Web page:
Paharganj is the landing site of most travelers to New Delhi, India. A strip of low-end hotels and guest houses butted up next to each other along a narrow lane that empties out just west of the New Delhi railway station, a section off the center of Delhi reached by one of the long spokes radiating out of Connaught Place.
To say Paharganj was a ghetto is no understatement. Raw sewage streamed along the gutters of the lane that divided the left and right-banks of hotels. Vendors hawked everything from blackened bananas to glittery hair ornaments. Beggars and cripples hunched their way in among the travelers, pawing at the hordes of long-term travelers clothed in traditional Indian pajamas purchased a few streets over.
The sun was shining when I arrive in Paharganj on my second day in India. It almost always shined in India; a relentless and vindictive cheeriness that pours over the poorest place I’ve ever been. I was to meet Alan at the post office at noon, but I checked into what I hoped to be a nice place so I didn’t have to lug my backpack around in the heat.
The hotel looked good until I’d paid and registered, and then I’d learned my first valuable lesson about India: Always checkout the room before paying. Once in the room, the full scope of its atrociousness hit me like a fist. The sherbet-green walls were stained with spit, dirty fingerprints, cobwebs and God only knows what else. A huge fan whirled overhead, supposedly circulating the air, but really it just stirred up the bad smell from the attached toilet and the ever present scent of cigarette smoke. Doors banged constantly and the heavy hacking-up of phlegm reverberated around me like a concert for the depressed.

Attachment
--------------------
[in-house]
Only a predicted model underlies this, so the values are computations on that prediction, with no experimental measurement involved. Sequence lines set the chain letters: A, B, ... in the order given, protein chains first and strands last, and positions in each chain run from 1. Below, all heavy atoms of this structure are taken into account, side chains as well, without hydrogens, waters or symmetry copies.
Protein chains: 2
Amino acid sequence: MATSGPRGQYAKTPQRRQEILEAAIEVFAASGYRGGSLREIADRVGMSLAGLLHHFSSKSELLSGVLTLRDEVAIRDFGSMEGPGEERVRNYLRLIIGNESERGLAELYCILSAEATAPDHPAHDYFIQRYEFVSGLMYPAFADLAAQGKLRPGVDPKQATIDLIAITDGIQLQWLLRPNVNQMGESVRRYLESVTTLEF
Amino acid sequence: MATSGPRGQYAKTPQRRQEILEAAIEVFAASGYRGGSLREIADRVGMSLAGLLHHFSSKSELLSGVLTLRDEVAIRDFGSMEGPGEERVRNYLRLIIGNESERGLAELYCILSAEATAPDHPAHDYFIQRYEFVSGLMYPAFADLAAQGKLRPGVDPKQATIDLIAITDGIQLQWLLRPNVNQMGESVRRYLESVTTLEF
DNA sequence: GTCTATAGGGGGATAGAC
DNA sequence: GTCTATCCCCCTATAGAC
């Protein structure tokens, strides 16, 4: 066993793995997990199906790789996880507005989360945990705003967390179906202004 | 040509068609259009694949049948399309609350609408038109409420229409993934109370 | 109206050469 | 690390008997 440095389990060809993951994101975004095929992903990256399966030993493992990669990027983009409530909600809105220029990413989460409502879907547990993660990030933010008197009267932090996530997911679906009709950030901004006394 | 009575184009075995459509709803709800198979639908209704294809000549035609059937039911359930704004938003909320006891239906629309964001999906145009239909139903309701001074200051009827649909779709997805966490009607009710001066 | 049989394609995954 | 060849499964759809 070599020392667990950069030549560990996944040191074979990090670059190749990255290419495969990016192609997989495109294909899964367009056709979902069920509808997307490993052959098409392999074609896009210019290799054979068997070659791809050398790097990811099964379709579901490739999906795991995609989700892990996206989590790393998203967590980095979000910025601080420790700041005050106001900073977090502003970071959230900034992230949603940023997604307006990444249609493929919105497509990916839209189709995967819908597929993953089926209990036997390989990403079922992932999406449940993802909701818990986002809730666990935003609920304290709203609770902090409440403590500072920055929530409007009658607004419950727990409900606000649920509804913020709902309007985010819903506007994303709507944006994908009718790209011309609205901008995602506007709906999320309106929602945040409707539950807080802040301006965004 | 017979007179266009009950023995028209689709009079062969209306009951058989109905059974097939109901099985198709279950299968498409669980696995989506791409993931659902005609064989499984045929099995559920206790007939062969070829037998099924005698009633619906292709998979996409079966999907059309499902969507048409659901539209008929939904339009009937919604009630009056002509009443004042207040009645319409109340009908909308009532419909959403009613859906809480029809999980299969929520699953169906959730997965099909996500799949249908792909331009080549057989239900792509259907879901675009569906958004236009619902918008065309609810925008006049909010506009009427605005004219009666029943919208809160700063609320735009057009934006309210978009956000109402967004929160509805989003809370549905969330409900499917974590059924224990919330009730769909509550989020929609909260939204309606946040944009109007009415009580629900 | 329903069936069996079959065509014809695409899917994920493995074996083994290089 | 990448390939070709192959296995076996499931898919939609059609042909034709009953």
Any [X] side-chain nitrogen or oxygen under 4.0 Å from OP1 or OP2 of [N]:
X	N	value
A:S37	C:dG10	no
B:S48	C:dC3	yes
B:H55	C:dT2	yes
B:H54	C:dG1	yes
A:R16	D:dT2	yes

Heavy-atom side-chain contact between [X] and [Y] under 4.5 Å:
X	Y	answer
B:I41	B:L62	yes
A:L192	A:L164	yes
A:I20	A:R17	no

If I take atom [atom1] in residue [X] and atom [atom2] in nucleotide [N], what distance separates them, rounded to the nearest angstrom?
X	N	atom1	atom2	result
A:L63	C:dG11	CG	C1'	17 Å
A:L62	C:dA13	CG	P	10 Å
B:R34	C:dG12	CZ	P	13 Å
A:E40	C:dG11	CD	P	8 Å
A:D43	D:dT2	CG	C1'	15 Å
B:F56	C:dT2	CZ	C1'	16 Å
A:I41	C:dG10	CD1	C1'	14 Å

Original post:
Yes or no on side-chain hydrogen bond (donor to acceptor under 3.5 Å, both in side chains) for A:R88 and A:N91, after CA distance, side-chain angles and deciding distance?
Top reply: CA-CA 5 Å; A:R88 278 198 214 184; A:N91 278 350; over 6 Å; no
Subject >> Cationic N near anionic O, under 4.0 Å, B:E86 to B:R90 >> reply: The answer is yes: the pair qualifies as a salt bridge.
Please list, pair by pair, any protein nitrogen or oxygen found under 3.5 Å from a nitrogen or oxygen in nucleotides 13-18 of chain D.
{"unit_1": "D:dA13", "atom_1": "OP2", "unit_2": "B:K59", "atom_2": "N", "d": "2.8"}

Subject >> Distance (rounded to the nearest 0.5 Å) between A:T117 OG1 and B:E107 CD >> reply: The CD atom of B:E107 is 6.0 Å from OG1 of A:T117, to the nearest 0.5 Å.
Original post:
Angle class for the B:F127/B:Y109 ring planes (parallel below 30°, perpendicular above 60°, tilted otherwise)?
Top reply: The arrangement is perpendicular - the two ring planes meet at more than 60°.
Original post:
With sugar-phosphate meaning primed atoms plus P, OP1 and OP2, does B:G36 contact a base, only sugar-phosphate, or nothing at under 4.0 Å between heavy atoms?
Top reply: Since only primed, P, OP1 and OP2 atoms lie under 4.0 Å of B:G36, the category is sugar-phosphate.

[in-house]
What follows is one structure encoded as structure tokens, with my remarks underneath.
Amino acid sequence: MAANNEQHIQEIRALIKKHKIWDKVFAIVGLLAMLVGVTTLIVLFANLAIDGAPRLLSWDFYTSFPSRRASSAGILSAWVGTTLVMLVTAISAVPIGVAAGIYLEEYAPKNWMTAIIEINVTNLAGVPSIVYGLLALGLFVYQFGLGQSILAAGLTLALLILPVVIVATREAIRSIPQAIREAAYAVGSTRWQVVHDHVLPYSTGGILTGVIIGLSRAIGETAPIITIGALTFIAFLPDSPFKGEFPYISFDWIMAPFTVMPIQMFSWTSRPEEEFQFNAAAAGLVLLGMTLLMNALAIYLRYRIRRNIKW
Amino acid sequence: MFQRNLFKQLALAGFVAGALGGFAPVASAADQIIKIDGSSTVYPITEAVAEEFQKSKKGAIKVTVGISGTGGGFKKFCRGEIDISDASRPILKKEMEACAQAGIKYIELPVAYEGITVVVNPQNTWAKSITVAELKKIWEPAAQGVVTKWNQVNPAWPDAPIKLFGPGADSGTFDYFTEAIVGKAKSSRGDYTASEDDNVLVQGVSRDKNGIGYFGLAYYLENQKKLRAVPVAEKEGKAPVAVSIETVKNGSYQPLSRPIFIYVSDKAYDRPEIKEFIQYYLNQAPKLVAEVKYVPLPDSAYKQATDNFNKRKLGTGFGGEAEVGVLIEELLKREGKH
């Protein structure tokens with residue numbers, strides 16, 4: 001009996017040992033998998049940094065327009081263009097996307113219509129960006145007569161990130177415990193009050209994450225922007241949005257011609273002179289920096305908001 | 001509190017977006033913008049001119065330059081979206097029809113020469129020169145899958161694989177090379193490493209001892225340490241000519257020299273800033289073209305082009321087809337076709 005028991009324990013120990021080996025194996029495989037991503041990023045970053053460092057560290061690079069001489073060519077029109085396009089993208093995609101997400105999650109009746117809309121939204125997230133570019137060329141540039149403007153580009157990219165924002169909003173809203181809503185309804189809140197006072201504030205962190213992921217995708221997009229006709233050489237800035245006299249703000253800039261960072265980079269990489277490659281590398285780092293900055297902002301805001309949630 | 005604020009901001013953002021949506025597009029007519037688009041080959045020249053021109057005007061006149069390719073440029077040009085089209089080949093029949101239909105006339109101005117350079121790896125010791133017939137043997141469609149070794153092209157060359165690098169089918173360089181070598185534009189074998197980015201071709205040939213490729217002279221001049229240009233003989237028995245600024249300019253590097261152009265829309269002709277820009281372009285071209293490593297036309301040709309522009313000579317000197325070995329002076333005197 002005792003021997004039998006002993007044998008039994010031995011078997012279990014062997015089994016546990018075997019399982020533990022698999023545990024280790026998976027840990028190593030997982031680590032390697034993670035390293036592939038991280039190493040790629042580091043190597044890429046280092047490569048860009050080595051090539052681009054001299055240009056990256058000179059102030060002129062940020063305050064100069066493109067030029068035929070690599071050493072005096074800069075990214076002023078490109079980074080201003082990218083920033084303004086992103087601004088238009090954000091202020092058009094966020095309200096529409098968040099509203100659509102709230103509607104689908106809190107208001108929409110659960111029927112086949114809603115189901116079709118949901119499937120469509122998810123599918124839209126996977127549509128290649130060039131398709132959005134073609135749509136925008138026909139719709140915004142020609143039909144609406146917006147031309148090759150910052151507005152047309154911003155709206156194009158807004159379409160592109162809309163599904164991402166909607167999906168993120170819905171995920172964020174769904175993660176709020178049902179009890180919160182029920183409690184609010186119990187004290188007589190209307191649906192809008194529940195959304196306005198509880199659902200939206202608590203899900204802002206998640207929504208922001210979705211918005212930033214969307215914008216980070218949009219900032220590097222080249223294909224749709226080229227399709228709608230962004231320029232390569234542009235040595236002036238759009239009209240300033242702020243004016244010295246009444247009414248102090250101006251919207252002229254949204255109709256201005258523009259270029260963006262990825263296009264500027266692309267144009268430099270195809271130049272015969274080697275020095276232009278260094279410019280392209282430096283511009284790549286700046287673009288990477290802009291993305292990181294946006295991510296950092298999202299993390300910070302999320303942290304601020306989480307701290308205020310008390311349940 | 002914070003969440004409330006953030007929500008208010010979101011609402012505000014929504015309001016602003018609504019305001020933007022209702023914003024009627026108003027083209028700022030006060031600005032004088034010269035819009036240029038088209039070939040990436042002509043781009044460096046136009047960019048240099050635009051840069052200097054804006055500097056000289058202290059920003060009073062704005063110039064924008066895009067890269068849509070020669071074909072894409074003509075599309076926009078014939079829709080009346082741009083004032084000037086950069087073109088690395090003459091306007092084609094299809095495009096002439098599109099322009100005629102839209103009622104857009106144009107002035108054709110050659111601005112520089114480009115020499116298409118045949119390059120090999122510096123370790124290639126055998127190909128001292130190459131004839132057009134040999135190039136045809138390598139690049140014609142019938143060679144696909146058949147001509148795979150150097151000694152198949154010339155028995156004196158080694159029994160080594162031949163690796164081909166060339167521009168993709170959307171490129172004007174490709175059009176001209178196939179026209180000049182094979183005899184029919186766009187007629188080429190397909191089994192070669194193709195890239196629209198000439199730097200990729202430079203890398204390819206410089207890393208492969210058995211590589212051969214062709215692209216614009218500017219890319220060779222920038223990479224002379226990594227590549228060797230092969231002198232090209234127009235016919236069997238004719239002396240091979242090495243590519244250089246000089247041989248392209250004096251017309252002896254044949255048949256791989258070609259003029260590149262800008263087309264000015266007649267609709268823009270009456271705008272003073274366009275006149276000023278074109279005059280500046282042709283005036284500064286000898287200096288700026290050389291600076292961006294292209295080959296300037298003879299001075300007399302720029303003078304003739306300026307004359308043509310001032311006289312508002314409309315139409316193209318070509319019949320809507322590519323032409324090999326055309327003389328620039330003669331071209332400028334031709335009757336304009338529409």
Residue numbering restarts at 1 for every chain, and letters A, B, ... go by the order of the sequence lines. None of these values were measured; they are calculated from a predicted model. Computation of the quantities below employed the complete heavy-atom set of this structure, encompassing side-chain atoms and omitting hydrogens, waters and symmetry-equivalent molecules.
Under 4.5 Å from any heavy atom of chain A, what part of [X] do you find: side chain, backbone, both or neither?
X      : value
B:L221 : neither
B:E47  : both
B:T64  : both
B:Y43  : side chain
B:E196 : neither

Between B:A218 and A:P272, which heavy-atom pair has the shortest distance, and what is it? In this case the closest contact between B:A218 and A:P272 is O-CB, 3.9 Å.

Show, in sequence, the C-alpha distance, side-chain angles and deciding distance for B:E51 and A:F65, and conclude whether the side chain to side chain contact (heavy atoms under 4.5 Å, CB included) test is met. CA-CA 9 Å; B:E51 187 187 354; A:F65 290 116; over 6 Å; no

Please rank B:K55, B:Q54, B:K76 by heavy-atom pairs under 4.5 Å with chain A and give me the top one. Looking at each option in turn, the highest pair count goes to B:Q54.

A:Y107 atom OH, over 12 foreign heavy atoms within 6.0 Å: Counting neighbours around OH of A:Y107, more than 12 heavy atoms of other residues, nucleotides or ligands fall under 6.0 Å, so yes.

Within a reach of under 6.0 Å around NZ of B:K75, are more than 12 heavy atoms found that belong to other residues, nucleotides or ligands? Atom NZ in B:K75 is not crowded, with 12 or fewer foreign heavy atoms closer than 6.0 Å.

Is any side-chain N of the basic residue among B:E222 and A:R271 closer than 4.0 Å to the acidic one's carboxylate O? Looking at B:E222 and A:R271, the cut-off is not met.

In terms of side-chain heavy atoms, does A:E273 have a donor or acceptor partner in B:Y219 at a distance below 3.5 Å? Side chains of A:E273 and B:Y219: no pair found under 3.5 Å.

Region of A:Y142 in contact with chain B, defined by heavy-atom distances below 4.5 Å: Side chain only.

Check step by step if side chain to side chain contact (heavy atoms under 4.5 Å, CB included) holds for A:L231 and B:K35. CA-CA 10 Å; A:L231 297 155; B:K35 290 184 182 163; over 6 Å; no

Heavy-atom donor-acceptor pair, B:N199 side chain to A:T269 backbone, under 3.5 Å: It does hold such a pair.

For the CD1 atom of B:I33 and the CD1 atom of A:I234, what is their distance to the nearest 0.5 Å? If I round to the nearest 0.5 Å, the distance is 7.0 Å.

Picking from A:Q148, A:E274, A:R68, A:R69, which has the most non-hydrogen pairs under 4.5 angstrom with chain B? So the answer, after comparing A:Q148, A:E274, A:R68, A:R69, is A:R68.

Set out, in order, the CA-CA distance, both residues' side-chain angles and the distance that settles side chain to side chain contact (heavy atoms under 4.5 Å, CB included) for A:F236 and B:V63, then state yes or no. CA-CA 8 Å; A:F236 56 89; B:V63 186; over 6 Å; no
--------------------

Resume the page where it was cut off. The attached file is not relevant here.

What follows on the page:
It’s horrible. But outside, on the street, it was worse. The place was so poor, everyone and thing was emaciated and sick looking. I’d thought I could handle it, having spent time in Cairo, but I was wrong. For the first time I saw how the poor really live, out on the street, lying in filth and disease. I was so appalled by the world I’d flung myself into, that my body physically shook.
I didn’t think I could live and work in that city, and a part of me wanted to run away; go back home. But this was home now. I’d come here to work as a journalist, to report on the life and conditions around me. Yet I’d found I was afraid to breathe or eat or drink. India, I thought, just might kill me.
I reminded myself Paharganj was temporary, that there were other places in the city, and I would find something that was nice and I could call home. Except I had no idea how I would find those other places.
What’s the worst hotel experience you’ve had while traveling?